• The Centers for Disease Control and Prevention along with several Western states, including California, Oregon, Washington, and New Mexico, have all advised against traveling during Thanksgiving in an effort to curb virus transmission.
  • Airlines have sharply cut flights compared to last holiday season, offering 42% fewer routes this month than in November 2019, The Wall Street Journal reported. After announcing a week ago that it was adding 25 Thanksgiving flights,

    JetBlue

    cut more than 50 flights this week, the Cranky Flier reported.

  • Southwest

    is the rare carrier actually expanding into new airports during the pandemic, adding Chicago’s O’Hare airport, Palm Springs, Calif., and Sarasota, Fla.

What’s Next: Positive developments on the vaccine front helped lift airline stocks more than 20% last week. Industry analysts are hopeful for a recovery next year when a vaccine is available. A full recovery in the travel industry could take years, however. 

—Anita Hamilton

***

Biden Outlines Plan for Getting the Economy Back on Track

President-elect Joe Biden and Vice President-elect Kamala Harris held a virtual meeting with business and union leaders Monday on rebuilding the economy, then gave remarks and answered questions from reporters.

  • Biden and Harris spoke privately with heads of

    General Motors,


    Target,


    Microsoft,

    and several unions about ways to “create millions of jobs.” Biden said, “it’s time to reward work, not just wealth in America.” He also said he wouldn’t give government contracts to companies that don’t buy American parts.

  • Creating more affordable housing, establishing a $15 national minimum wage, and supporting renewable energy were among his other priorities. He also voiced support for a House bill offering up to $10,000 in student loan forgiveness, as well as free education for anyone earning under $125,000, and investing in historically black colleges and universities.
  • When asked about the Trump administration’s attempts to block the transition, Biden said, “I find this more embarrassing for the country than debilitating for me.” He added that Harris still receives intelligence briefings, and he has held “a lot of meetings with world leaders.”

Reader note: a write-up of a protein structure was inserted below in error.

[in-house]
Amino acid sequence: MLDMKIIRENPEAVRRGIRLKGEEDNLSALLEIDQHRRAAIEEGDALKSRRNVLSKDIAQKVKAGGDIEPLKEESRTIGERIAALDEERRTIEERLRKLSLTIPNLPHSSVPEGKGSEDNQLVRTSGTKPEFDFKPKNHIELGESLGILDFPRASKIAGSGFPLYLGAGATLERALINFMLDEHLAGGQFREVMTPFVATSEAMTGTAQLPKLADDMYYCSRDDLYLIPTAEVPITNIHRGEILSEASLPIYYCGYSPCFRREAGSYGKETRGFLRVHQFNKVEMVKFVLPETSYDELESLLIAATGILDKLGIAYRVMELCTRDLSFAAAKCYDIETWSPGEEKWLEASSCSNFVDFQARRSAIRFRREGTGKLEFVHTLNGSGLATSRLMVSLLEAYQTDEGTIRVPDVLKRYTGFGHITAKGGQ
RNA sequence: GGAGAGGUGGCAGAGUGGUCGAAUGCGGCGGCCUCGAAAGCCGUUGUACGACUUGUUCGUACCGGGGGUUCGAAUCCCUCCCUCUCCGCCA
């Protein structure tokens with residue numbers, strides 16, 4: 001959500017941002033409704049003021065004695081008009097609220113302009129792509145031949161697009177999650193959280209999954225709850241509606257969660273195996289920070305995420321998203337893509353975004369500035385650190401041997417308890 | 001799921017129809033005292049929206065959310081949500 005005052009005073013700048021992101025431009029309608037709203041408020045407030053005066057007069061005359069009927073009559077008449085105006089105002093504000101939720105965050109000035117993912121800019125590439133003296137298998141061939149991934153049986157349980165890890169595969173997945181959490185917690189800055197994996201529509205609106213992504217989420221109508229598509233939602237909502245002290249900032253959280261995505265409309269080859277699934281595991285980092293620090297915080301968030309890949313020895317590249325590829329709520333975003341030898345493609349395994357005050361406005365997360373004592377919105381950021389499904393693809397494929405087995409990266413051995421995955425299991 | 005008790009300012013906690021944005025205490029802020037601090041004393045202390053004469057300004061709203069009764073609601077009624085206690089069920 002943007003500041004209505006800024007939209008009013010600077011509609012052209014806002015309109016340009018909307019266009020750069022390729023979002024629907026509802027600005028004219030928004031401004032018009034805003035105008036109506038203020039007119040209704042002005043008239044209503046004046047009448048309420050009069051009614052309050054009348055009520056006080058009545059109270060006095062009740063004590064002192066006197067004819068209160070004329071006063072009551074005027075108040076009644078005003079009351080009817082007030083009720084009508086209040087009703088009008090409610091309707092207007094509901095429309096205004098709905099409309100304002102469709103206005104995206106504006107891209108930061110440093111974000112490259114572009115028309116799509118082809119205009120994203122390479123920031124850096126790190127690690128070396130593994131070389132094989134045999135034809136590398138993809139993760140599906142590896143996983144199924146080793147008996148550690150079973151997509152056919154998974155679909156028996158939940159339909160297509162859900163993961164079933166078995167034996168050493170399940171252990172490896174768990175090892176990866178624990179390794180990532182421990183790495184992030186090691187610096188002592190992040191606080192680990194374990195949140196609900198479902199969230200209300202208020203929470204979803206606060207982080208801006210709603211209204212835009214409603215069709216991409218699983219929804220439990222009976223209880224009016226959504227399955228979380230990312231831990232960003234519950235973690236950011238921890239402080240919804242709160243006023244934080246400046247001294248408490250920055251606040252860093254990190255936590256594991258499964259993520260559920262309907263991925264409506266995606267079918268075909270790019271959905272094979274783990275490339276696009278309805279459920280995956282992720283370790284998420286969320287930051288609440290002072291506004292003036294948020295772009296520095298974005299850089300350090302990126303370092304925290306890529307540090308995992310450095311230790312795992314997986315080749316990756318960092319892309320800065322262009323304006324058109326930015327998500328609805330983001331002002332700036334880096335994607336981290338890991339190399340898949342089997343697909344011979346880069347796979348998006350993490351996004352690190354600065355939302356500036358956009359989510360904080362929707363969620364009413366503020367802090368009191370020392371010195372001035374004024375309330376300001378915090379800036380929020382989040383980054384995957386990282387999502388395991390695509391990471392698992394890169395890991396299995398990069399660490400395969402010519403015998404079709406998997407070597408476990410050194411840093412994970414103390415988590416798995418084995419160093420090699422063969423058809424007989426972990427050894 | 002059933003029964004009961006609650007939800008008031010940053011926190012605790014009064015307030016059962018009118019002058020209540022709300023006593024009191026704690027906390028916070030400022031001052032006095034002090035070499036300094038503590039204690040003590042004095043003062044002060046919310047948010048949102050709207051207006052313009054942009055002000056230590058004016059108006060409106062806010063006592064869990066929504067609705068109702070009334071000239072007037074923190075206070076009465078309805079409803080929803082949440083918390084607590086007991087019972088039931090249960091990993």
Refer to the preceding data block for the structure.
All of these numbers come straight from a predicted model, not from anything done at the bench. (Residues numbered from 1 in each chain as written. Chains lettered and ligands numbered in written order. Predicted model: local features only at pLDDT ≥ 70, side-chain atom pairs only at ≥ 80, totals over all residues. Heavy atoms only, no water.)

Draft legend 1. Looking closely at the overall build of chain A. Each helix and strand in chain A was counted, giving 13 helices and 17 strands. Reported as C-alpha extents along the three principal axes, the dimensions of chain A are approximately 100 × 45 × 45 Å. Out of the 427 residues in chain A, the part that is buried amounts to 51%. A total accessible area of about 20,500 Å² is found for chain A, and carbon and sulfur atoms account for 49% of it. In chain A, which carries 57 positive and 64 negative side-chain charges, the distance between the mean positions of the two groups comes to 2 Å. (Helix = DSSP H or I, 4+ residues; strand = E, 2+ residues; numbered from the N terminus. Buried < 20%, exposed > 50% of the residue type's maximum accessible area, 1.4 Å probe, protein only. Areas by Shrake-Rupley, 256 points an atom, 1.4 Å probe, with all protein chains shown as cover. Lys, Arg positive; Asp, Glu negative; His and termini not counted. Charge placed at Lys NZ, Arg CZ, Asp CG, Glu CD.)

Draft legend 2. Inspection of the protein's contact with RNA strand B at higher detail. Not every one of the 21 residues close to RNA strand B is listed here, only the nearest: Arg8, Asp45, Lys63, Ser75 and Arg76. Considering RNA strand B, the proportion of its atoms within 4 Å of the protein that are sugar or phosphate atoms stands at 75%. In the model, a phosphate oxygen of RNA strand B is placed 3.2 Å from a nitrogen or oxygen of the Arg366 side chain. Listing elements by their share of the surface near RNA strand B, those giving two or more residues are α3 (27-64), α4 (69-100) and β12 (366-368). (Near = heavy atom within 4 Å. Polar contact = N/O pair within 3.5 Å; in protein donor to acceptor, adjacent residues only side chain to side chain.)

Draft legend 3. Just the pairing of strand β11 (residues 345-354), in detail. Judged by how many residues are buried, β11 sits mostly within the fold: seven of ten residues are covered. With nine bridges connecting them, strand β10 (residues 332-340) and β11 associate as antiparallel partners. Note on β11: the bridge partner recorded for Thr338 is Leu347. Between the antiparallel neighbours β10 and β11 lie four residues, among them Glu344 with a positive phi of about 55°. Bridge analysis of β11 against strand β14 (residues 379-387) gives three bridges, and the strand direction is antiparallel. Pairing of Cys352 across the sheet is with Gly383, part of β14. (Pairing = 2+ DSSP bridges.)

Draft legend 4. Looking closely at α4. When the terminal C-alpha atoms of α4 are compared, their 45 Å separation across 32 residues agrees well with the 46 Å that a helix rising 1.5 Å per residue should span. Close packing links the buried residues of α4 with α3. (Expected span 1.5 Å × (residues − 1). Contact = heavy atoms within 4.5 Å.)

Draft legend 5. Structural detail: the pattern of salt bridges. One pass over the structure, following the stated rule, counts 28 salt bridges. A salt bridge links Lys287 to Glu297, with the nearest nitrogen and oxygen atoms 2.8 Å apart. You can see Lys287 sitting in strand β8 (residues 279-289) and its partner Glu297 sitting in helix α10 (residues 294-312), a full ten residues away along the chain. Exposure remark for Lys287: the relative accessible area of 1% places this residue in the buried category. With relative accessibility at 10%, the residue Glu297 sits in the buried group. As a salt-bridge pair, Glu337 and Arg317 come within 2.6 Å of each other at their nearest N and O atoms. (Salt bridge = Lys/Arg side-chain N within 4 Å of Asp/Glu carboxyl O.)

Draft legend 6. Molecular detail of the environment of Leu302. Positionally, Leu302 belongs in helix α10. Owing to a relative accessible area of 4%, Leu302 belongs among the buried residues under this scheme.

• Biden also criticized some governors, such as those in South Dakota and Oklahoma for encouraging people not to wear masks, calling it “totally irresponsible,” while applauding conservative Republican governors in North Dakota, Ohio, and Utah for their mask mandates.

What’s Next: When asked about his Thanksgiving Day plans, Biden said health experts have advised limiting gatherings to no more than 10 people and that his family members would quarantine in advance and take Covid tests within 24 hours of getting together.

Anita Hamilton

***

Poland, Hungary Block EU’s $900 Billion Virus Recovery Fund

The Hungarian and Polish governments withdrew on Monday their approval for the launch of the European Union’s €750 billion recovery fund because of legislation that would tie disbursement of the grants and loans to respect of the rule of law by recipient countries.

  • The move by the far-right governments in Warsaw and Budapest comes after months of other EU members’ criticism of measures in both countries subjecting the judiciary to political interference.
  • The principle of an EU €750 billion recovery fund was adopted in July in a decision that would allow a huge amount of joint borrowing by all member states, for the first time in the EU’s history. Proceeds of the fund would go in priority to countries worst hit by the Covid-19 pandemic.
  • The two countries’ decisions also prevent the adoption of the multiyear, €1,100 billion EU budget, which had taken months to negotiate amid deep differences among member states over fiscal discipline and public spending.
  • German Chancellor Angela Merkel, chair of the EU until the end of the year as part of a rotating presidency, is now expected to seek a compromise, since decisions such as joint borrowing must be taken unanimously by the 27 member states.
  • The long-drawn-out dispute over human rights, public freedoms and the rule of law in the two countries has exasperated other governments, with Dutch Prime Minister Mark Rutte wondering aloud in September whether an EU “without Hungary and Poland” would be possible.

What’s Next: Merkel’s task will require all of her diplomatic skills, and then some. Major concessions to the two outliers could infuriate other governments. Some might in turn withdraw their approval of the EU’s recovery fund. Meanwhile Hungary and Poland, major recipients of EU funds, stand to lose much if the gridlock persists.

Pierre Briançon

***

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***

—Newsletter edited by Stacy Ozol, Anita Hamilton, Mary Romano, Matt Bemer, Ben Levisohn